SIGNIFICANT ANNOUNCEMENTS BY ONLINE TRAVEL AGENCIES
The travel press recently reported two developments related to hotel room sales by online travel agencies (OTA). In the first, several online travel agencies, including Expedia.com and Orbitz.com, announced reduction of their hotel booking fees—the charges to site users to reserve lodging—on bookings made before July 15, 2009. The second was an announcement by Orbitz.com that its hotel booking displays will now show the total cost of the hotel reservation, including all taxes and fees rather than just the previously shown base room rate.
As the hotel industry struggles in the current economic crisis, the implications of these changes (and their likely adoption by all OTAs) for hotels could be significant. Understanding that impact is best accomplished through a brief look back at the much-changed hotel/OTA relationship.
SOME PAINFUL HISTORY
The still-forming relationship between online travel agencies and the hotel industry turned adversarial between 2000 and 2002. Diminishing demand, dramatically accelerated by the events of Sept. 11, 2001, resulted in many hotels feeling compelled to offer lodging inventory to the OTAs, and to do so at painfully deep rate reductions.
The passage of time produced a new perspective and a new and very different set of relationships between hotels and OTAs. Increasing demand for hotel accommodation in 2003 and subsequently, led hotel staff to rely less on Web travel agencies and wholesaler price-discounted merchant model business formula, and offer fewer and fewer rooms to them. This reduction in lodging supply in turn led to more balanced business arrangements with less onerous rate reductions to the OTAs, less combative attitudes and less passionate dialogue. These new conditions fostered a new opinion by the hotel industry that OTAs, when utilized judiciously, constituted a valid and valuable fractional sales channel.
NEW CHALLENGES, NEW PARTNERSHIPS
After nearly five years of strong demand and strong profitability, signs of business softening appeared in late 2007. These negative indicators led hotel staff to re-evaluate the potential of each of their sales channels, including the OTAs. The level of hotel industry comfort with the major entities in the OTA channel had substantially increased. Efficient business processes had been implemented and honed, inventory control tools developed, reimbursement methods improved and OTA price reduction expectations reduced.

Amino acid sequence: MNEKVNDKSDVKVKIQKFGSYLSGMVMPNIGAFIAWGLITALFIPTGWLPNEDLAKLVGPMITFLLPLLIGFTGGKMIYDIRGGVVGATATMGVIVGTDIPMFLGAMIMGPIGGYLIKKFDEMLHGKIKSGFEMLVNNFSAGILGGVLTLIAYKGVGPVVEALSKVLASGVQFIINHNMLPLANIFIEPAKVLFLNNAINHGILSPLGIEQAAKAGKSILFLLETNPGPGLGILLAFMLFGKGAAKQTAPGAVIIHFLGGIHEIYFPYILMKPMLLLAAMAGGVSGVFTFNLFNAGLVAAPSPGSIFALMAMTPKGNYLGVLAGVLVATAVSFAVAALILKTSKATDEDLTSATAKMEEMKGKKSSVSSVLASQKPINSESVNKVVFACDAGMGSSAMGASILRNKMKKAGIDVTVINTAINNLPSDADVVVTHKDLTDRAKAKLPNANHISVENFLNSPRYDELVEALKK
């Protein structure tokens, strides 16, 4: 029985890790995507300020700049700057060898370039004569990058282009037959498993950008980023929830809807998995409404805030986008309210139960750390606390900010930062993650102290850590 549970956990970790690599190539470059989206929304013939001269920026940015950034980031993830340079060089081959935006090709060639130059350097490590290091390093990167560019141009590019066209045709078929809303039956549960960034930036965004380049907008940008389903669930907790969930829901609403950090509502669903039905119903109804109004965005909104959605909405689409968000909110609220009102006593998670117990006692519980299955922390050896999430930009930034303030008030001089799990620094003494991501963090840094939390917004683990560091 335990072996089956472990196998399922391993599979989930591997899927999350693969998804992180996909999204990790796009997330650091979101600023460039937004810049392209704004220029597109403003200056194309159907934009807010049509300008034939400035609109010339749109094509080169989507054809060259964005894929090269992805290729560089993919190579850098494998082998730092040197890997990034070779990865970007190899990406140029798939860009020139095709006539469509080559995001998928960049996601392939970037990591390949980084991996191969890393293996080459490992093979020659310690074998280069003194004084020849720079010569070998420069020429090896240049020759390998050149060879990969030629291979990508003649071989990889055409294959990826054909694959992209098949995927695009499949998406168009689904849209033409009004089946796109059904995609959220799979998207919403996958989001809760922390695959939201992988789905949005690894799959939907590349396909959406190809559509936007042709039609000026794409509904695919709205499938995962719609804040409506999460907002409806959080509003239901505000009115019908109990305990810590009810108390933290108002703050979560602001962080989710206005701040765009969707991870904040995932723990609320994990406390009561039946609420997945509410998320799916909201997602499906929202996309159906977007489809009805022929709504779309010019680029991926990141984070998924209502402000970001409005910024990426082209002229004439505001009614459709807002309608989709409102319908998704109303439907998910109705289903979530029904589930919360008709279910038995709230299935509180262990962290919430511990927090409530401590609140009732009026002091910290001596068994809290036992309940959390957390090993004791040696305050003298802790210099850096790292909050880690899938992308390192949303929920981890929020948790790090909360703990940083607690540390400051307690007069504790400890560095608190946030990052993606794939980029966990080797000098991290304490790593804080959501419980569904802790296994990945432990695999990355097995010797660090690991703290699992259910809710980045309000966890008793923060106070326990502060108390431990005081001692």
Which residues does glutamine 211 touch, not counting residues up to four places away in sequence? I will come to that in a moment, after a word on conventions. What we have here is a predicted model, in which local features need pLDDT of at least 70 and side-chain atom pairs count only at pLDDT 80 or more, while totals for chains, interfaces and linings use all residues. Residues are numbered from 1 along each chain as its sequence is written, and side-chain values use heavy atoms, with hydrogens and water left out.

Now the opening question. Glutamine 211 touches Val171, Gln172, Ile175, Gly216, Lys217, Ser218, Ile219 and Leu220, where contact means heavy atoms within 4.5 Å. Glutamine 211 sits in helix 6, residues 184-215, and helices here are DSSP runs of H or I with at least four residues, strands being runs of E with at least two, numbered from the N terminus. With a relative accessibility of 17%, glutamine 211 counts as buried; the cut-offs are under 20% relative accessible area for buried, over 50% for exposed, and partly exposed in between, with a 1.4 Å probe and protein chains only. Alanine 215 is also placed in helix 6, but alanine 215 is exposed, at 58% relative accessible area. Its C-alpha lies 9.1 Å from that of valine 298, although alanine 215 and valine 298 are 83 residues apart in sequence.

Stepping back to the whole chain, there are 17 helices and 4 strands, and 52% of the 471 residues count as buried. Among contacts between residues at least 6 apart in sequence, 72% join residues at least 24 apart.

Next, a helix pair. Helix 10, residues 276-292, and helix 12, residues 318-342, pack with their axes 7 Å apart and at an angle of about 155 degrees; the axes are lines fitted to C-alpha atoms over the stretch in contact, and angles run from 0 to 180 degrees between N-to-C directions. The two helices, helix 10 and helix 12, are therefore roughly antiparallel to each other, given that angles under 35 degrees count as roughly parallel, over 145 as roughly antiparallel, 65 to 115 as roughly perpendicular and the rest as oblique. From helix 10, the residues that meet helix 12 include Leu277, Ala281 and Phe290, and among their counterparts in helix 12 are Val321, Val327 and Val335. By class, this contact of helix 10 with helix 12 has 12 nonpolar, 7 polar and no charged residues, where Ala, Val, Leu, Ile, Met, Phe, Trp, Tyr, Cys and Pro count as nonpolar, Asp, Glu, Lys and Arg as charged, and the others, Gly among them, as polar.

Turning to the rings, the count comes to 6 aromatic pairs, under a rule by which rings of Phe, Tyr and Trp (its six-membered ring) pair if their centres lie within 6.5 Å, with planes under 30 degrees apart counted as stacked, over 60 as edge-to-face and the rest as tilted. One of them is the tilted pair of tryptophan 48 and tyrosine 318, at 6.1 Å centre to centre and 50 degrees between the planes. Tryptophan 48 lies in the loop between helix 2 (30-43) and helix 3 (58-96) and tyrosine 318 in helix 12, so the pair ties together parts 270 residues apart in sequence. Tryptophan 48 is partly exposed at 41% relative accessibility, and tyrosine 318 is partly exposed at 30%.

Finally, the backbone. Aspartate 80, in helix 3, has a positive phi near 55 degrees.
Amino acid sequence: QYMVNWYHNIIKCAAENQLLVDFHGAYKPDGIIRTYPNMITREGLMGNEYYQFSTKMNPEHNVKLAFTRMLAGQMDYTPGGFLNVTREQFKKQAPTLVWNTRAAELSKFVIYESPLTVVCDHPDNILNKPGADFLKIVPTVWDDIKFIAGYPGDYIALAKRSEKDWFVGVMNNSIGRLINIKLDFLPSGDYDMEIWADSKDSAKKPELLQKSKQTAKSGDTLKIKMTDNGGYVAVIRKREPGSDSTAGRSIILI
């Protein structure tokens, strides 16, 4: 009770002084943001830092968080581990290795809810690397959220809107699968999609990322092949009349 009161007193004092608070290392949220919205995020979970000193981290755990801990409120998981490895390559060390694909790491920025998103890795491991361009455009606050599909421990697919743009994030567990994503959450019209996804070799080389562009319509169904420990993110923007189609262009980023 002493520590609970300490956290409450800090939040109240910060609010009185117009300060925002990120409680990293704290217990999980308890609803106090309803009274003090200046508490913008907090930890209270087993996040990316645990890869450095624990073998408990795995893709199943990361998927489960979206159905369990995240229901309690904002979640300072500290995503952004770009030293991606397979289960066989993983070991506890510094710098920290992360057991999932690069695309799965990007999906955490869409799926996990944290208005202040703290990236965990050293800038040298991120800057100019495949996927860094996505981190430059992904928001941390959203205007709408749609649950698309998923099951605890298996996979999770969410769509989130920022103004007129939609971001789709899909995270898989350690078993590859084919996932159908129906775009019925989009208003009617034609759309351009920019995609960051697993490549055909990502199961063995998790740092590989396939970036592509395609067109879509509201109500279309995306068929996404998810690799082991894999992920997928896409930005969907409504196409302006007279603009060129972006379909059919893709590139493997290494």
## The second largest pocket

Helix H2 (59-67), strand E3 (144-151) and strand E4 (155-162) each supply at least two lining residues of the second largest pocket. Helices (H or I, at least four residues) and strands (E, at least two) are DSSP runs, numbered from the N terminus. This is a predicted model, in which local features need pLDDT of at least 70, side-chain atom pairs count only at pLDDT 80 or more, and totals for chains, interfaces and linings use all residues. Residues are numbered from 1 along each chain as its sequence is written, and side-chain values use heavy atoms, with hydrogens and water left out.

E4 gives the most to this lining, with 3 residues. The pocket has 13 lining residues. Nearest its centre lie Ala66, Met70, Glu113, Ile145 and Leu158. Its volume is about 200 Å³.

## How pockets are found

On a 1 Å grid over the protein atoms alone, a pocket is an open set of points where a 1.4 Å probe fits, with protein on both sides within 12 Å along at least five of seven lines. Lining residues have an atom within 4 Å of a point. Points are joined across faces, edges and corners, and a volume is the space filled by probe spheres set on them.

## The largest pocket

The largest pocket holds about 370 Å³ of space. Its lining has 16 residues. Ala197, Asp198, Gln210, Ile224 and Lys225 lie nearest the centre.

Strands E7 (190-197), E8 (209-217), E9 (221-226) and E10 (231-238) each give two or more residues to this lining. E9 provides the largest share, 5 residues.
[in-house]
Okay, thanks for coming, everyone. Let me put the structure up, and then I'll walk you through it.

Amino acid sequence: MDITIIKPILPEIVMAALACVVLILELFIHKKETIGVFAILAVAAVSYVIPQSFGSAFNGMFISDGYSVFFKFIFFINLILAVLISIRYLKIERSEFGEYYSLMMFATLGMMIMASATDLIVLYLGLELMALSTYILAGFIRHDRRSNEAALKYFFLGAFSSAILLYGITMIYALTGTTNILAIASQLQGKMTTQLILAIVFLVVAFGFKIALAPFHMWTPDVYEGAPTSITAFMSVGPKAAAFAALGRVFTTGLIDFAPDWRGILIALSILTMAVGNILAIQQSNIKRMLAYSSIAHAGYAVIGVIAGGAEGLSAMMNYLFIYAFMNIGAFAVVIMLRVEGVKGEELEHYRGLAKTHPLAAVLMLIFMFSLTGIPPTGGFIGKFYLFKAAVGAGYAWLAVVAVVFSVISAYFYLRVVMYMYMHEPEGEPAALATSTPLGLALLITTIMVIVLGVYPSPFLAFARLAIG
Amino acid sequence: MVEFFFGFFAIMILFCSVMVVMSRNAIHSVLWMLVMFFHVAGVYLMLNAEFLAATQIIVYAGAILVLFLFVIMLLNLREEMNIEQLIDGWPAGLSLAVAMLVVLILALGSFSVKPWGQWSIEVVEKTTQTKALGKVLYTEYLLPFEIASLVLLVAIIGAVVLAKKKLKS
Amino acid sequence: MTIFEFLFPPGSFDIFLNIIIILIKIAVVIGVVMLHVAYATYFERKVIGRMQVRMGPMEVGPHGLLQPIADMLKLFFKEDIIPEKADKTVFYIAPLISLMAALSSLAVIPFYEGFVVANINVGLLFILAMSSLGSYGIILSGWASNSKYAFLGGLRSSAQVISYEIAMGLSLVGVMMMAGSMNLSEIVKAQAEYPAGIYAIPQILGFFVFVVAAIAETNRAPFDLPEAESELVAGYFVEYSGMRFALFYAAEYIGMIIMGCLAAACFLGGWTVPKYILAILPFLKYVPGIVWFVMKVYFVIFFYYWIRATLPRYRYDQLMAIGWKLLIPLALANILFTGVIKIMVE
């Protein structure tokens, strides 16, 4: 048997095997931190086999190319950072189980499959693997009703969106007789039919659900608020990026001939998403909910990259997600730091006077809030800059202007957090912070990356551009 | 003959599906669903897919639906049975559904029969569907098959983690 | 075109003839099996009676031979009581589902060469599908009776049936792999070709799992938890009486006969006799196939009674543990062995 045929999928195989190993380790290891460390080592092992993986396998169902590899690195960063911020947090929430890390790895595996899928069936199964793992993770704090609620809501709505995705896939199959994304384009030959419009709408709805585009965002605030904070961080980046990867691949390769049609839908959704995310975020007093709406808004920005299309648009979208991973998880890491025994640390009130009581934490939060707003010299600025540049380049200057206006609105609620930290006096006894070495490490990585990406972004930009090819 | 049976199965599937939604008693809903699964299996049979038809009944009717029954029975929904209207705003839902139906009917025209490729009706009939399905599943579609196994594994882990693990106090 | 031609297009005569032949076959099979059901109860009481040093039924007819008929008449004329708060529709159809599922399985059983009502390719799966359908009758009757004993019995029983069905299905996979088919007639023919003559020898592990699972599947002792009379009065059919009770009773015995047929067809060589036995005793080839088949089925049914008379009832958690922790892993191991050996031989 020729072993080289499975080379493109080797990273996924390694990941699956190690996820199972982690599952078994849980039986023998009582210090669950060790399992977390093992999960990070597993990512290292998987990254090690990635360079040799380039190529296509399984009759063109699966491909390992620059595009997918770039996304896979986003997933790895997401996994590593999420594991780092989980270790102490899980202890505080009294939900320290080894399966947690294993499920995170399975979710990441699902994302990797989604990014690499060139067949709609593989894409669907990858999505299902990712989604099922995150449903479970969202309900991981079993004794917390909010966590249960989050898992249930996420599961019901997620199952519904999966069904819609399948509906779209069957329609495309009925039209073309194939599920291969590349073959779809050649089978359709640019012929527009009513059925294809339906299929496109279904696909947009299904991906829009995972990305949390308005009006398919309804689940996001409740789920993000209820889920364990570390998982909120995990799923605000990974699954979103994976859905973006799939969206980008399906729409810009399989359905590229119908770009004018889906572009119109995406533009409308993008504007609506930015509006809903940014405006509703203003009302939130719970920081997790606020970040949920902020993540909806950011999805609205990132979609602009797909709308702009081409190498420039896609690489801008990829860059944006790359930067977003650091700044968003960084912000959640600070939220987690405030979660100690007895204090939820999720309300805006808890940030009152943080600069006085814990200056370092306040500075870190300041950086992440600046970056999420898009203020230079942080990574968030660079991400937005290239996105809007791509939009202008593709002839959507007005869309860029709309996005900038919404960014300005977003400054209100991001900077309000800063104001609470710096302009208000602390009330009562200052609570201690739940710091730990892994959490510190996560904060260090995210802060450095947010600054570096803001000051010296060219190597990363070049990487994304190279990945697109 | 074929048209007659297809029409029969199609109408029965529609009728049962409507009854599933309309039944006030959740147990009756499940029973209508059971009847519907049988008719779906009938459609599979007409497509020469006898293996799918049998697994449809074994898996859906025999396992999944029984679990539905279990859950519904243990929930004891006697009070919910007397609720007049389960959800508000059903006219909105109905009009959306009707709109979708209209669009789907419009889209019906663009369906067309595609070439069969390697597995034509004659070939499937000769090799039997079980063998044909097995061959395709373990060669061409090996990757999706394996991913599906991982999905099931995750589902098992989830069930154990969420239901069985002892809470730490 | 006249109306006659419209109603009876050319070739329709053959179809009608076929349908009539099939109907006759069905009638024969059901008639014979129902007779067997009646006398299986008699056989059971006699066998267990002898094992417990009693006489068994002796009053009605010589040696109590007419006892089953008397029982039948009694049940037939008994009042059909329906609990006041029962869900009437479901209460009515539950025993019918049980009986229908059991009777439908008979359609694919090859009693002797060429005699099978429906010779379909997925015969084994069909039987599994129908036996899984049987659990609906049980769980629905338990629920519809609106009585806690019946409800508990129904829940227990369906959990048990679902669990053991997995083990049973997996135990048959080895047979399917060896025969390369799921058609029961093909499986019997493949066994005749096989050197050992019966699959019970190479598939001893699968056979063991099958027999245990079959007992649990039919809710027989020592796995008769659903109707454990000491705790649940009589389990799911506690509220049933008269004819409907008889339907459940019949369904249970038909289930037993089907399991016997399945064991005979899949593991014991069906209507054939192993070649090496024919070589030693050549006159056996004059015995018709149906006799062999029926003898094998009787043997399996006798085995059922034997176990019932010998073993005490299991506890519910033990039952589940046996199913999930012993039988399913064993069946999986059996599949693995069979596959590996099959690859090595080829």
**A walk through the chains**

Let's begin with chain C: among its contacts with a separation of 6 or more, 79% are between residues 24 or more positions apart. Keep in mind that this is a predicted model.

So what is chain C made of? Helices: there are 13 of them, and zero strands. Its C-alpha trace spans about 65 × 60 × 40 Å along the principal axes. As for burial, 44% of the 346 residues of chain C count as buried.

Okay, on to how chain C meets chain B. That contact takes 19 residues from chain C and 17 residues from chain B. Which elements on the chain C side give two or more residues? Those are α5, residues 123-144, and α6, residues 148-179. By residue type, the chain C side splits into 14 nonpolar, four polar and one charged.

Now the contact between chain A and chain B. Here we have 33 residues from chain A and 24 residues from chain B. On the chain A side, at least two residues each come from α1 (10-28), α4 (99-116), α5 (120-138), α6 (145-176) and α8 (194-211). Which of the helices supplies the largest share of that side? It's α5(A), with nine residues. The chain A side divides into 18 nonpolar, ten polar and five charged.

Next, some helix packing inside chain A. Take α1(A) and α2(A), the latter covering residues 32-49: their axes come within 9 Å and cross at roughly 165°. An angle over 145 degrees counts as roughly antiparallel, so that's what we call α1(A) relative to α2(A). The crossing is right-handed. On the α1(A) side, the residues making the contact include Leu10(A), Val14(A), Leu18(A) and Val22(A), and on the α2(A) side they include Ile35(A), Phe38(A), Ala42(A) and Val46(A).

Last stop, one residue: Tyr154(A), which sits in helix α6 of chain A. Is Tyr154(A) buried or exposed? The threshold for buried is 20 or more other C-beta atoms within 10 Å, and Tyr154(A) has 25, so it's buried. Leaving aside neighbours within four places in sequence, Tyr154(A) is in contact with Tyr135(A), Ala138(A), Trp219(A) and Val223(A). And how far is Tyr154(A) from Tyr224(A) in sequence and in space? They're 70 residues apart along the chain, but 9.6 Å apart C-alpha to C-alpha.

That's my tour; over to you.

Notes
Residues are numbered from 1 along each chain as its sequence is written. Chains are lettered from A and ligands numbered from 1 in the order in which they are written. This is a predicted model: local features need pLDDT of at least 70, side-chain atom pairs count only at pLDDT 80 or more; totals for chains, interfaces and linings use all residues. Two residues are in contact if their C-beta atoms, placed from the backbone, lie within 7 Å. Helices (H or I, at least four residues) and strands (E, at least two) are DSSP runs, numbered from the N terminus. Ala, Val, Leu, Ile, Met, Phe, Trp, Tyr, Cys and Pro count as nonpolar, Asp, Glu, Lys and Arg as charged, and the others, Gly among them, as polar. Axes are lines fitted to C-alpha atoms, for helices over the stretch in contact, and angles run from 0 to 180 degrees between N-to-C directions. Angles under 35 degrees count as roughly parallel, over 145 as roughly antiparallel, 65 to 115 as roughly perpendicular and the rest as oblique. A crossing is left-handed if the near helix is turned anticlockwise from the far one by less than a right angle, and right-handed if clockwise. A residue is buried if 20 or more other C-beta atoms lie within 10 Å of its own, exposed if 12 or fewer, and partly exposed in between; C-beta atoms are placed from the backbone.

The hotel industry’s increasingly analytical inventory management processes recognized that OTAs offer a sales channel to travelers who hotels did not themselves address effectively. They had moved to regard online travel agencies as an access point at wholesaler-like rates to otherwise unattainable bookings.
By 2007, the OTAs had evolved to the status of partners who served otherwise under-addressed market segments. They were now viewed as a distinct sales channel with more acceptable fees, convenient payment plans, greatly expanded inventory control options and increasingly automated interfaces for communication of both rooms availability and confirmed reservations.
The notion that selling through OTAs was a form of discounting was increasingly replaced by the attitude that OTAs were a valid business source at an acceptable price point on a hotel’s rate spectrum. Mindful of the impact that OTA advertising had in spurring travel activity half a decade earlier, and confident in the new hotel-OTA relationship, the lodging industry has returned its attention, and allocated increased inventory, to the OTAs, both through their merchant model (with its publicly displayed rates) and their opaque sales options, such as offered by Priceline.com and Hotwire.com.
THE OTA ANNOUNCEMENTS
What will be the impact, if any, of the OTA fee reductions on hotel bookings? Clearly the OTAs and we in the hotel industry hope that it will be a heightened willingness to travel, and more specifically, to book hotel accommodation. With the public’s interest in a sale, or looking for greater value, the impact of a fee savings should not be underestimated.
Orbitz.com’s move to first screen total pricing arguably speaks to the public’s interest in honesty and authenticity. If this initiative turns out to be seen by the public as favorable to them, it will ultimately benefit both Orbitz.com (and those OTAs who follow its lead) and hotels who deliver the requested lodging.
These initiatives both have position implications for the hotel industry. But they are not without their negative aspects. Every improvement to the OTA booking option is a new challenge—and a new call to arms—to the hotel industry to review and revamp their own hotel Web sites, lest that sales channel’s hard-earned dominance be eroded.